A to Z of coaching: E – Emotions

There’s no crying in baseball.

And some suggest there should be no crying in any workplace.

The reality though is that every professional is also a human being. And human beings are messy. If you want access to the genius, to the dedication, to the collaboration and every valuable aspect of a professional’s contribution, then you also need to embrace the full complexity of their humanity.

Human beings experience emotions. Sometimes they are useful for us, other times less so. But in the longer run we do better when we learn how to embrace them, learn how to handle them in different contexts and above all develop the agility to respond to whatever arises.

Emotional Intelligence is a useful construct, and the work pioneered by Dan Goleman and developed by many others has provided opportunities in the workplace to engage with concepts such as self-awareness, empathy and adaptability in a supported way.

Coaching makes room for emotions. It’s not necessary to be emotional in order to make progress but being open and curious as emotions arise allows for a deeper understanding of where we are and what is most important for us.

In the coaching context, it’s also important to hold that space of inquiry rather than looking to move on or avoid the more profound insights that our emotions may be helping us to see.

1. What are you noticing?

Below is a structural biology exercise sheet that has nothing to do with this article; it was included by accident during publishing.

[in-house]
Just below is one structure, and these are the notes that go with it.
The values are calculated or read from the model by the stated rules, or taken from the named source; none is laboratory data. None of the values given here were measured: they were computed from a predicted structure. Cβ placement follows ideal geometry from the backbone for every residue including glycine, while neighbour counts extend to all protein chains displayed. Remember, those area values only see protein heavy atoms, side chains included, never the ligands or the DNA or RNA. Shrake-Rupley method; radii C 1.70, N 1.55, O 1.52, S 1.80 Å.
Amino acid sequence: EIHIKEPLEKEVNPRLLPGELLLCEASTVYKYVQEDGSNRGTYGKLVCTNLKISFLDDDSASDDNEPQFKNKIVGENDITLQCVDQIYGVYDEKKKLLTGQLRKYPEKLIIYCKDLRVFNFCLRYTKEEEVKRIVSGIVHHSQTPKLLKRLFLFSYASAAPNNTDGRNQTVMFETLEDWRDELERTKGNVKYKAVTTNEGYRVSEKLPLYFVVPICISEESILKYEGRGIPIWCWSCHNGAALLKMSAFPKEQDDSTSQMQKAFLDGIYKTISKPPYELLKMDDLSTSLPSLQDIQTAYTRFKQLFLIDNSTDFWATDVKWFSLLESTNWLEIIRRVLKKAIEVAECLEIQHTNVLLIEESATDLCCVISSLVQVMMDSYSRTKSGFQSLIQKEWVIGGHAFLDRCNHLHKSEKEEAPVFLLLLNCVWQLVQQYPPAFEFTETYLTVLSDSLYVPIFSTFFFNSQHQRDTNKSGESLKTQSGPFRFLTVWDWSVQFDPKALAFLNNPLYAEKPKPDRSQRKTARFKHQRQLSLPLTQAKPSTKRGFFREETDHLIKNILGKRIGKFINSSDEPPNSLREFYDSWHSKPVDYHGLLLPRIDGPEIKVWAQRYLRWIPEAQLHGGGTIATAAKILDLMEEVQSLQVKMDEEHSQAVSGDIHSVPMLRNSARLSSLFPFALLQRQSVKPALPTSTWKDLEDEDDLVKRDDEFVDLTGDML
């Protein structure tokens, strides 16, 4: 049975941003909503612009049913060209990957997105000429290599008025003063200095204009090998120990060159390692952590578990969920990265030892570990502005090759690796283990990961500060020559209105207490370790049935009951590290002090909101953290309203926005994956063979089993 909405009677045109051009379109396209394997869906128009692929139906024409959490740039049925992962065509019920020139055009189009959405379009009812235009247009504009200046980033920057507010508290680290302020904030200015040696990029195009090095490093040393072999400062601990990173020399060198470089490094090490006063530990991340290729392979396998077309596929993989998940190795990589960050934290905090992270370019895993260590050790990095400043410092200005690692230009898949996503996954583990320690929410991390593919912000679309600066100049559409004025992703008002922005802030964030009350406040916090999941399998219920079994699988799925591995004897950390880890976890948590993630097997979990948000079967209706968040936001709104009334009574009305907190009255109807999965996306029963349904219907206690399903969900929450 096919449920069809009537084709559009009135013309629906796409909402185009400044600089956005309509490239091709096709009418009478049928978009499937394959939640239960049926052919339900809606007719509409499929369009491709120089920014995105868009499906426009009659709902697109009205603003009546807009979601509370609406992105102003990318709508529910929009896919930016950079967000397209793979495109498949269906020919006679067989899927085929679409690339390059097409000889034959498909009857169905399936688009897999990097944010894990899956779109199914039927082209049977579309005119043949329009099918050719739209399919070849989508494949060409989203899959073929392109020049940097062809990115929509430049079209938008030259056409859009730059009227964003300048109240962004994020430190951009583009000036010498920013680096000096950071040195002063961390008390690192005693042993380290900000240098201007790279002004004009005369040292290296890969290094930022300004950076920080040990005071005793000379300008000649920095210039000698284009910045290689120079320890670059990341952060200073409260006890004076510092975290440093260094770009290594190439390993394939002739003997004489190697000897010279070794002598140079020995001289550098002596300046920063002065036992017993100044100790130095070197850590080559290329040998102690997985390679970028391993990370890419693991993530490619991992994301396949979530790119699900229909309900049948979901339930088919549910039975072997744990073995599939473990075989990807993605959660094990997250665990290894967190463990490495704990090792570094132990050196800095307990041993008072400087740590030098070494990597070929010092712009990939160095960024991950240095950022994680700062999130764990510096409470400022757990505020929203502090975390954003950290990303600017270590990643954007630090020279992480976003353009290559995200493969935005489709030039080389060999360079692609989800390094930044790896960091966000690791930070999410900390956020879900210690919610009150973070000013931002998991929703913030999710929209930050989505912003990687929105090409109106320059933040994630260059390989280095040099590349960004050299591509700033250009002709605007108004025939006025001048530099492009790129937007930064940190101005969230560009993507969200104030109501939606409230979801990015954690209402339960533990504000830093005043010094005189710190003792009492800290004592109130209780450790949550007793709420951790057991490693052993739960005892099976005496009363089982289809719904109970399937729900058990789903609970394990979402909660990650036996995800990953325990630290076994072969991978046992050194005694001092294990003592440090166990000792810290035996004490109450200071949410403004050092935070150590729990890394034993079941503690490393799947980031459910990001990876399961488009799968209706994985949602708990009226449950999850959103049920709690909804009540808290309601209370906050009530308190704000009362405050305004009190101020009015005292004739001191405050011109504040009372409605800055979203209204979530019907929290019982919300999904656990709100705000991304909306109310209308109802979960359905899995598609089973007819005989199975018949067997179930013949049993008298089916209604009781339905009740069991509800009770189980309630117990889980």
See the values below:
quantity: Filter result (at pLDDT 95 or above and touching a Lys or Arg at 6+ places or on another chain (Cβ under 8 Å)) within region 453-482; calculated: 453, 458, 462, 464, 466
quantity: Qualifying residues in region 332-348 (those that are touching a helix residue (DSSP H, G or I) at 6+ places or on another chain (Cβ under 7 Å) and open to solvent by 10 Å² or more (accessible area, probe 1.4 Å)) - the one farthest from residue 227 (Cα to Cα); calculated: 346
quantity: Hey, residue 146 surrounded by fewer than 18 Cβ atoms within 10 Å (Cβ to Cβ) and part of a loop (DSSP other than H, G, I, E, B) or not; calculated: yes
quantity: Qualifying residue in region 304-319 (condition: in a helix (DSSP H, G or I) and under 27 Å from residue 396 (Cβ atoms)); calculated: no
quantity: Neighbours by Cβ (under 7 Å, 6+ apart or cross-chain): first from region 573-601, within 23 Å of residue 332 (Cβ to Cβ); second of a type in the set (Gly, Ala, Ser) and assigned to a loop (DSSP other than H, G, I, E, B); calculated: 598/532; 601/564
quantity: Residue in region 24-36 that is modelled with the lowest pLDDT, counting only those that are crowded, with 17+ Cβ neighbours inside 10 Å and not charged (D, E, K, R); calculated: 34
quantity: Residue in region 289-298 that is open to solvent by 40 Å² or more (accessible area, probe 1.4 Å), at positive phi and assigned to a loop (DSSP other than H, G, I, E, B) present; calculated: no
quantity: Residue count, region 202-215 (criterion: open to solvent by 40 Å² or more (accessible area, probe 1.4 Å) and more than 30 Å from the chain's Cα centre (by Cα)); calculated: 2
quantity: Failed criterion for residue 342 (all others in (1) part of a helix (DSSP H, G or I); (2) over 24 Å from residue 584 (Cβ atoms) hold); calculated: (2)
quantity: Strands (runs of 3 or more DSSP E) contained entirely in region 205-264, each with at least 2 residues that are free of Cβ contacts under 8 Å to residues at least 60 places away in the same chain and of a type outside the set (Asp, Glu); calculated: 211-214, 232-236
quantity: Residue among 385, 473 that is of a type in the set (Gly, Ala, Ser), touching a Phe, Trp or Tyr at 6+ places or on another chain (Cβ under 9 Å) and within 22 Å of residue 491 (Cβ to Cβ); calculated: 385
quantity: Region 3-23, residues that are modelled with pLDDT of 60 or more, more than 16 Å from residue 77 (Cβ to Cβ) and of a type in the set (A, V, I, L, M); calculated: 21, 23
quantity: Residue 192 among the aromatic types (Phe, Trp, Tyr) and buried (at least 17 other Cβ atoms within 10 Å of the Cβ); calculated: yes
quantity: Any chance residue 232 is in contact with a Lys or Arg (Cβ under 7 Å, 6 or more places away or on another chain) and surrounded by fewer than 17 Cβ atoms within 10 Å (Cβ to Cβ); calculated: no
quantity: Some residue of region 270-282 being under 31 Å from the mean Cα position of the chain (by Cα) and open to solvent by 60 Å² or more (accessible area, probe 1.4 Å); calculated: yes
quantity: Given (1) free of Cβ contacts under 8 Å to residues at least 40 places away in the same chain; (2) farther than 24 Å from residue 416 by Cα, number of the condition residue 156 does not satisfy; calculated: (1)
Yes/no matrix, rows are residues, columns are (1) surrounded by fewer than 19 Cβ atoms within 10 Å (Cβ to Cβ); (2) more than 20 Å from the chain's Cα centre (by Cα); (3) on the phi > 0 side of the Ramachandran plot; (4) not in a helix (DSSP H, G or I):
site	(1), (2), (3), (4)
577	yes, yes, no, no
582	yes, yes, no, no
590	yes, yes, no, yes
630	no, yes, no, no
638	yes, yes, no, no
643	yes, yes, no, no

It can be helpful to cultivate a habit of noticing as emotions arise. As an example, if you become angry it can be useful to say to yourself, “I’m noticing I’m getting angry”, rather than immediately acting upon that anger or engaging in self-criticism for being angry. This act of noticing also provides some breathing space to allow you to respond to what is arising in a way that’s more aligned with what you value.

2. You *are* that kind of person

“You’re an engineer, you wouldn’t understand”. “You’re a coder, you’re not paid to have feelings”. Sometimes, we utilise stereotypes to exert control over others, or avoid engaging with stuff that feels strange or inconvenient. This can result in some deciding that the business of emotions doesn’t apply to them. But it does. All of us can develop our ‘EQ’, work on our emotional agility and build our confidence to handle the unexpected.

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This post was adapted from one of Aodan’s Sunday morning newsletters, eagerly anticipated by hundreds of readers. Give yourself the gift of that weekly wisdom by signing up here.

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